In 2011, U.S. fire departments responded to 370,000 home structure fires. These fires caused 13,910 civilian injuries, 2,520 civilian deaths, $6.9 billion in direct damage. On average, seven people died in U.S. home fires per day from 2007 to 2011. Even those these are statics, think about, seven real people, with families, jobs, and communities DIED every day. Only one fire has to happen to impact you for the rest of your life.
Interestingly, cooking is the leading cause home fires and home fire injuries, followed heating equipment, but smoking is a leading of home fire deaths.
How can we prevent fatalities from fires? A simple solution, smoke alarms. Almost 60% of reported home fire deaths were from fires in homes with no smoke alarms or no working smoke alarms. Having a working smoke alarms cuts the risk of dying in a home fire in half. Several different alarms are available on the market. An ionization smoke alarm is generally more responsive to flaming fires and a photoelectric smoke alarm is generally more responsive to smoldering fires. For the best protection, or where extra time is needed, to awaken or assist others, both types of alarms, or combination ionization and photoelectric alarms are recommended. Remember to check the batteries in smoke alarms.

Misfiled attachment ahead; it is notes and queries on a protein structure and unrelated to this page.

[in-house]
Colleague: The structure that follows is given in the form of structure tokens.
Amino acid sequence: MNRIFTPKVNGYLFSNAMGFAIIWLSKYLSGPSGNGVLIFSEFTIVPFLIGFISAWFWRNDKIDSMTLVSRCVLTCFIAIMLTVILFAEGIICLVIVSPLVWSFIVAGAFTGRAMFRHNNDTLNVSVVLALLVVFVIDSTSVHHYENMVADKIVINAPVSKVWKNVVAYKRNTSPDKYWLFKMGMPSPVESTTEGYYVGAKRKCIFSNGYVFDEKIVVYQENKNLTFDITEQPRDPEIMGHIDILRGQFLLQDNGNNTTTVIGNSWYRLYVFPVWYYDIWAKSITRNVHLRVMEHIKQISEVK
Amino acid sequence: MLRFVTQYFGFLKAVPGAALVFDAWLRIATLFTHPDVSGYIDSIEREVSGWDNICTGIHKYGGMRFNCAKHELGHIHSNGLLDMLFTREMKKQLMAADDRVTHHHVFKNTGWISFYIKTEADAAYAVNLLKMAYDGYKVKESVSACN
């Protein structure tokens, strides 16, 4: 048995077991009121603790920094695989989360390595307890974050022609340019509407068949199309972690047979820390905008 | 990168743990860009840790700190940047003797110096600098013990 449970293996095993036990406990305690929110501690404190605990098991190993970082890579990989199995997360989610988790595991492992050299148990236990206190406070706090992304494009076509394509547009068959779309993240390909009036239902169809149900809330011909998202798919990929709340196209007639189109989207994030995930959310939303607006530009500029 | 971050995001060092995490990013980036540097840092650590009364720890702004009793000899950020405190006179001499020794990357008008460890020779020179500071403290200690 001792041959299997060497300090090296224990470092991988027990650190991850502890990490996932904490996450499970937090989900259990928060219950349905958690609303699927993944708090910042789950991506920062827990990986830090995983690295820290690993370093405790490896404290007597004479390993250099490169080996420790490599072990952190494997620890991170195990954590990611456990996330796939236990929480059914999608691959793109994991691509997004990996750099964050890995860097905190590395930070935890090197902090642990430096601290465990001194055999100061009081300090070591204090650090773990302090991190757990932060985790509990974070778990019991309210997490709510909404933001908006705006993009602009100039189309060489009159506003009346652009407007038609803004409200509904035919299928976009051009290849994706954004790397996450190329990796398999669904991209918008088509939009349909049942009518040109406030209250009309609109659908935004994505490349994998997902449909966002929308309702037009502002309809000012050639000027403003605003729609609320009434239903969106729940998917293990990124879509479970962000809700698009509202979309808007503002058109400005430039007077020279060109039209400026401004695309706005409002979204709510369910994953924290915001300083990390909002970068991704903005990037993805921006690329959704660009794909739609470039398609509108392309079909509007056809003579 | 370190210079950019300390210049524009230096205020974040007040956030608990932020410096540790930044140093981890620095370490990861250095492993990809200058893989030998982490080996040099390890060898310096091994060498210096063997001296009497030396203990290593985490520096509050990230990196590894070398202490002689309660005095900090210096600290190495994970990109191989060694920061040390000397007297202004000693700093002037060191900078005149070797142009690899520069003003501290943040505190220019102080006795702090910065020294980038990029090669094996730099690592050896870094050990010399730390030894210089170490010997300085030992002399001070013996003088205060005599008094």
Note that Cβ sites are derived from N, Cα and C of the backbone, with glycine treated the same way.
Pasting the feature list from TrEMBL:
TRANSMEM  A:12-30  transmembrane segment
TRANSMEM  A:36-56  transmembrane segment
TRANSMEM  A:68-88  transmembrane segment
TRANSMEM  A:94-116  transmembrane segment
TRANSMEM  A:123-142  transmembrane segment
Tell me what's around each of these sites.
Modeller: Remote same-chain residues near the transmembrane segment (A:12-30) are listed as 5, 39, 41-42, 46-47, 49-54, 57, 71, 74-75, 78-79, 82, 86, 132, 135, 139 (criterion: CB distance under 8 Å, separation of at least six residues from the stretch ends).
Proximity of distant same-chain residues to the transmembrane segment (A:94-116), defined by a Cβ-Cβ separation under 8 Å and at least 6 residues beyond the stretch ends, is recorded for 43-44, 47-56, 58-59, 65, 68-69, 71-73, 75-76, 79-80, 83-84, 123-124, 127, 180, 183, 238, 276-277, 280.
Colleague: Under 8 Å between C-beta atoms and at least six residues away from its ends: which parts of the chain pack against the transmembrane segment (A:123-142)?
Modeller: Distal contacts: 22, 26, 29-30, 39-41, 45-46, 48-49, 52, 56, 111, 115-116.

In the workplace, fire extinguishers are the key to keeping small fires from becoming big fires. Employers are required to provide portable fire extinguishers and shall mount, locate and identify them so that they are readily accessible to employees without subjecting the employees to possible injury and within 75’ of a possible fire. (Sounds kinda regulatoryish, doesn’t it?) A few other ‘rules’ for the workplace include, fire extinguishers are required to be checked monthly and maintained annually. Training on the use of fire extinguishers is required annually. A great resource for free employee fire extinguisher training is http://www.fireextinguishertraining.com. This online, interactive website can be used to train employees individually or as a group. Once the final online test is passed, the site issues a certificate of completion for documentation. Another resource is http://nicasafety.com/sample-page/. Your company can find written safety plans, including Fire Extinguisher training as part of their monthly safety calendar.
Statistics from NFPA.org, Laws based on WAC 296-800-300 Summary–Portable fire extinguishers.